Harry Cabluck of Austin, Texas submitted this attempt to crack the puzzle of B. Max Mehl's cost code described by Ron Guth.
I went to Slavic/Lithuanian/Russian/Hebrew/Greek dictionaries.
In certain languages words for Tuesday and Thursday almost make it.
As good a guess as anything else: DEZPOTICUS.
It cannot be YOUDESPOT, too many O's. Nor YOUDEPOSIT, no room for the C.
The chase is as stimulating as "A GOOD GLASS IN THE BISHOP'S HOSTEL."
Joe Boling suggested asking Simcha Kuritzky. He writes:
What they are describing is a simple cipher. Actually the Greeks invented using letters for numerals--the Hebrew name is Gematria, which is taken directly from the Greek. However, the letters suggested are not the ones used in Greek or Hebrew. Also, both languages did not use letters for digits, they used them for numbers: B = 2 but K = 20 and R = 200. That doesn't fit the cypher described, which was obviously developed by someone familiar with Hindu-Arabic numerals.
There's no reason the letters used have to spell anything, however, I would note that YOUDES could be a pun on Judas, a German or Latinized version of Judah = Jew. But I suspect they don't spell anything in particular.
The ecent discussion on B. Max Mehl's cost code brings a lot to mind. Most every dealer uses a cost code in some way. These are typically a ten-letter word or phrase to substitute for the numbers 1 through 9, plus O.
Cost codes have an advantage where you don't have to remember what you paid for every item. They can even be written on a 2x2 envelope along with the price of the coin therein, or a sticker on a slabbed coin. It increases accuracy and gives you a base for negotiating any price. A normal person would not know your cost.
What is infuriating to a dealer, however, is a Smart Mind that looks at enough of your cost codes to break your code. For example if a code is ABB and the sales price was from $101 to $199 you knew the dealer paid $100 for the item. The number of letters by this method is significant.
I once overheard some Smart Mind say "You paid eight dollars for this and you are asking forty-five." I watched the dealer's reaction. It must have been accurate. His face turned red and he started spurting denials.
The best cost code breaker I knew was Carl Carlson, onetime curator and full time cataloger for NASCA. He broke New Netherlands' cost code, Lester Merkin's, and perhaps others. Carl had a brilliant mind. I would estimate his IQ was above 150. But as brilliant as he was he had to be managed. His boss was Herbert Melnick at NASCA. More than once I heard Herby having to tell Carl not to reveal some privileged company information as he was blabbing to some listener.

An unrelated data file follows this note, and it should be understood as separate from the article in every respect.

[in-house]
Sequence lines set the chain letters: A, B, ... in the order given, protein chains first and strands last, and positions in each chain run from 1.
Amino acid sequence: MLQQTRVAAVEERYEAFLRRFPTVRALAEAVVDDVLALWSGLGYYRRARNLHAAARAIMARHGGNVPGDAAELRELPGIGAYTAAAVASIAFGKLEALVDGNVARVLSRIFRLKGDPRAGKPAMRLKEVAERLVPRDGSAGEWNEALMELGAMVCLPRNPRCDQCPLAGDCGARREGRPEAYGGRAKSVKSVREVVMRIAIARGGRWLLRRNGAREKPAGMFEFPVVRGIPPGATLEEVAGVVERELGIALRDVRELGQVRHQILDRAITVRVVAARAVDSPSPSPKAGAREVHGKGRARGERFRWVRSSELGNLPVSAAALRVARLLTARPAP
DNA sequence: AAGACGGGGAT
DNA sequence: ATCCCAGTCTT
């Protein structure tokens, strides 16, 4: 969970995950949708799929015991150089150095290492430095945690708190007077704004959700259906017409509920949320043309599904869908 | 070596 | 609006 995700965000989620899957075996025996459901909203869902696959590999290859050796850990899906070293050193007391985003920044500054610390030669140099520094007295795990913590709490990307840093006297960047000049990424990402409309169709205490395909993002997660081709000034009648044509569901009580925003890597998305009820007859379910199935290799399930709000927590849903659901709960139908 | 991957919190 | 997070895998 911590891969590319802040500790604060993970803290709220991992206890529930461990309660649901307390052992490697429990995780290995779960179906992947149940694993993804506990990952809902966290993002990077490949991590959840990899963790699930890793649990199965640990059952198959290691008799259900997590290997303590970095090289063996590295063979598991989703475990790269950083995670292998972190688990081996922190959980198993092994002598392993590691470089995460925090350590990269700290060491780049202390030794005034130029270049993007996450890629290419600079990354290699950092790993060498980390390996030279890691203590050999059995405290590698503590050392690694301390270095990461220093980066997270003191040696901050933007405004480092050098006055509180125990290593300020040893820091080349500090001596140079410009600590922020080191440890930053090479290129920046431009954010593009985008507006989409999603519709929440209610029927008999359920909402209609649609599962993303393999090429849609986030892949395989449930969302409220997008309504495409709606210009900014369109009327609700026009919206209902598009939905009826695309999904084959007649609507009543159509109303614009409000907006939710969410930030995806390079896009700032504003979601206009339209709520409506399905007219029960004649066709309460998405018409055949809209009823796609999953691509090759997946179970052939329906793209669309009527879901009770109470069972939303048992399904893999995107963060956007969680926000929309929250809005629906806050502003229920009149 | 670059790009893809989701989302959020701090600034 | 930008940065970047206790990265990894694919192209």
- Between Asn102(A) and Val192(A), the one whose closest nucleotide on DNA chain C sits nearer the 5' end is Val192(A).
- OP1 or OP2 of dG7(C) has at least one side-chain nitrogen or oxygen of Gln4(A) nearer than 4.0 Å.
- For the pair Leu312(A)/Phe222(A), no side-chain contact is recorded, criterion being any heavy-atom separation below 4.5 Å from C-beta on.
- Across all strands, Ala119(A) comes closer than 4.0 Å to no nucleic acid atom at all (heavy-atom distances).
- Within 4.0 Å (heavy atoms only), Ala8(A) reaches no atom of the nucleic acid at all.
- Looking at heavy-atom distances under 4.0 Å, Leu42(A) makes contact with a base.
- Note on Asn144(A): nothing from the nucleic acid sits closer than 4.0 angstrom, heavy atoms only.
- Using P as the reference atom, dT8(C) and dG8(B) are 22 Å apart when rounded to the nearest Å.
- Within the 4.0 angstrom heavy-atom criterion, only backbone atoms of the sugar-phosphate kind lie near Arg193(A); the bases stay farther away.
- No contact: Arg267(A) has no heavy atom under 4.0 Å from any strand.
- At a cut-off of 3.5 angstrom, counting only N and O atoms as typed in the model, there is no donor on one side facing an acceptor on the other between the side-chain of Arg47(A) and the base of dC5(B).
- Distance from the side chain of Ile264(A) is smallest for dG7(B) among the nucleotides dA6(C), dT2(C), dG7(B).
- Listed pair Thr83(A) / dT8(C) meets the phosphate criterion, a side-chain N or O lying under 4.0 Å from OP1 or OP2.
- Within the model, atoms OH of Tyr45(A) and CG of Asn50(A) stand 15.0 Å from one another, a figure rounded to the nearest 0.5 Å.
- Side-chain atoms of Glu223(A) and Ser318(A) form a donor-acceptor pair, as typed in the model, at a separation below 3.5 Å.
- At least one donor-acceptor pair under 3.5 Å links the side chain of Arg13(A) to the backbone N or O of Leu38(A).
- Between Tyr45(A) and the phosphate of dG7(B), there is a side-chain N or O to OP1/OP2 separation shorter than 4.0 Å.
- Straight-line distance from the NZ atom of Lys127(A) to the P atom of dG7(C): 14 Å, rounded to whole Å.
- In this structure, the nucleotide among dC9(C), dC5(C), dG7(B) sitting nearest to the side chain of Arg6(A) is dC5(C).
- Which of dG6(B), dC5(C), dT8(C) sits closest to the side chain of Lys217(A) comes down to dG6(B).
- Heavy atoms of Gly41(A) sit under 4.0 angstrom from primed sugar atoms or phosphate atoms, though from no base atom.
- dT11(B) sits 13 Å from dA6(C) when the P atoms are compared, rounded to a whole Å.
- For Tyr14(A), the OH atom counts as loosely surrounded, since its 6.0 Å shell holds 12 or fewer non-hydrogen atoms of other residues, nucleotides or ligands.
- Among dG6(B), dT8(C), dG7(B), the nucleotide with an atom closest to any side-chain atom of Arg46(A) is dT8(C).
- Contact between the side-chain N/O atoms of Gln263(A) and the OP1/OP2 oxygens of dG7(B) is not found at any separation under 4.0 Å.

But Carl didn't hold a candle to the IQ of Walter Breen. Perhaps the most brilliant mind in American numismatics, I once asked Walter if he knew his own IQ. His response was that it is difficult to measure in such rarified atmosphere, but he qualified for -- and was a member of MENSA -- where you have to have a minimum of 132 on a standard IQ test. In other words you had to be in the 98th or 99th percentile of human intelligence. Walter estimated his IQ was the boiling point of water -- 212. That was way above 99th and the number of such people in the world is indeed slim.
I was trained in cryptography in the military service at the National Security Agency. So I devised my own cost code when I became a medal dealer. I didn't choose a ten-letter word or phrase, I created something far simpler, easier to remember and easier to teach an employee.
I choose the first letter of the number spelled out, jumping to the second letter if used before. The only trouble was seven, which I had to hump to the third letter because I wanted to use E for the numeral 8.
1 - O ne
2 - T wo
3 - t H ree
4 - F our
5 - f I ve
6 - S ix
7 - se V en
8 - E ight
9 - N ine
0 - Z ero
The scheme also used the rest of the alphabet as "nulls" -- that is what I learned in cryptography. You can use nulls ahead of the actual number, or in place of the Z for zero. Those nine letters for the numbers 1 though 9 were the "active" or actual numbers, everything else was zero. This was, of course, for the actual cost rounded off to the nearest dollar amount.
With 26 letters in play, Carl never broke our code, and to my mind no one else did either. And it was easy to remember.
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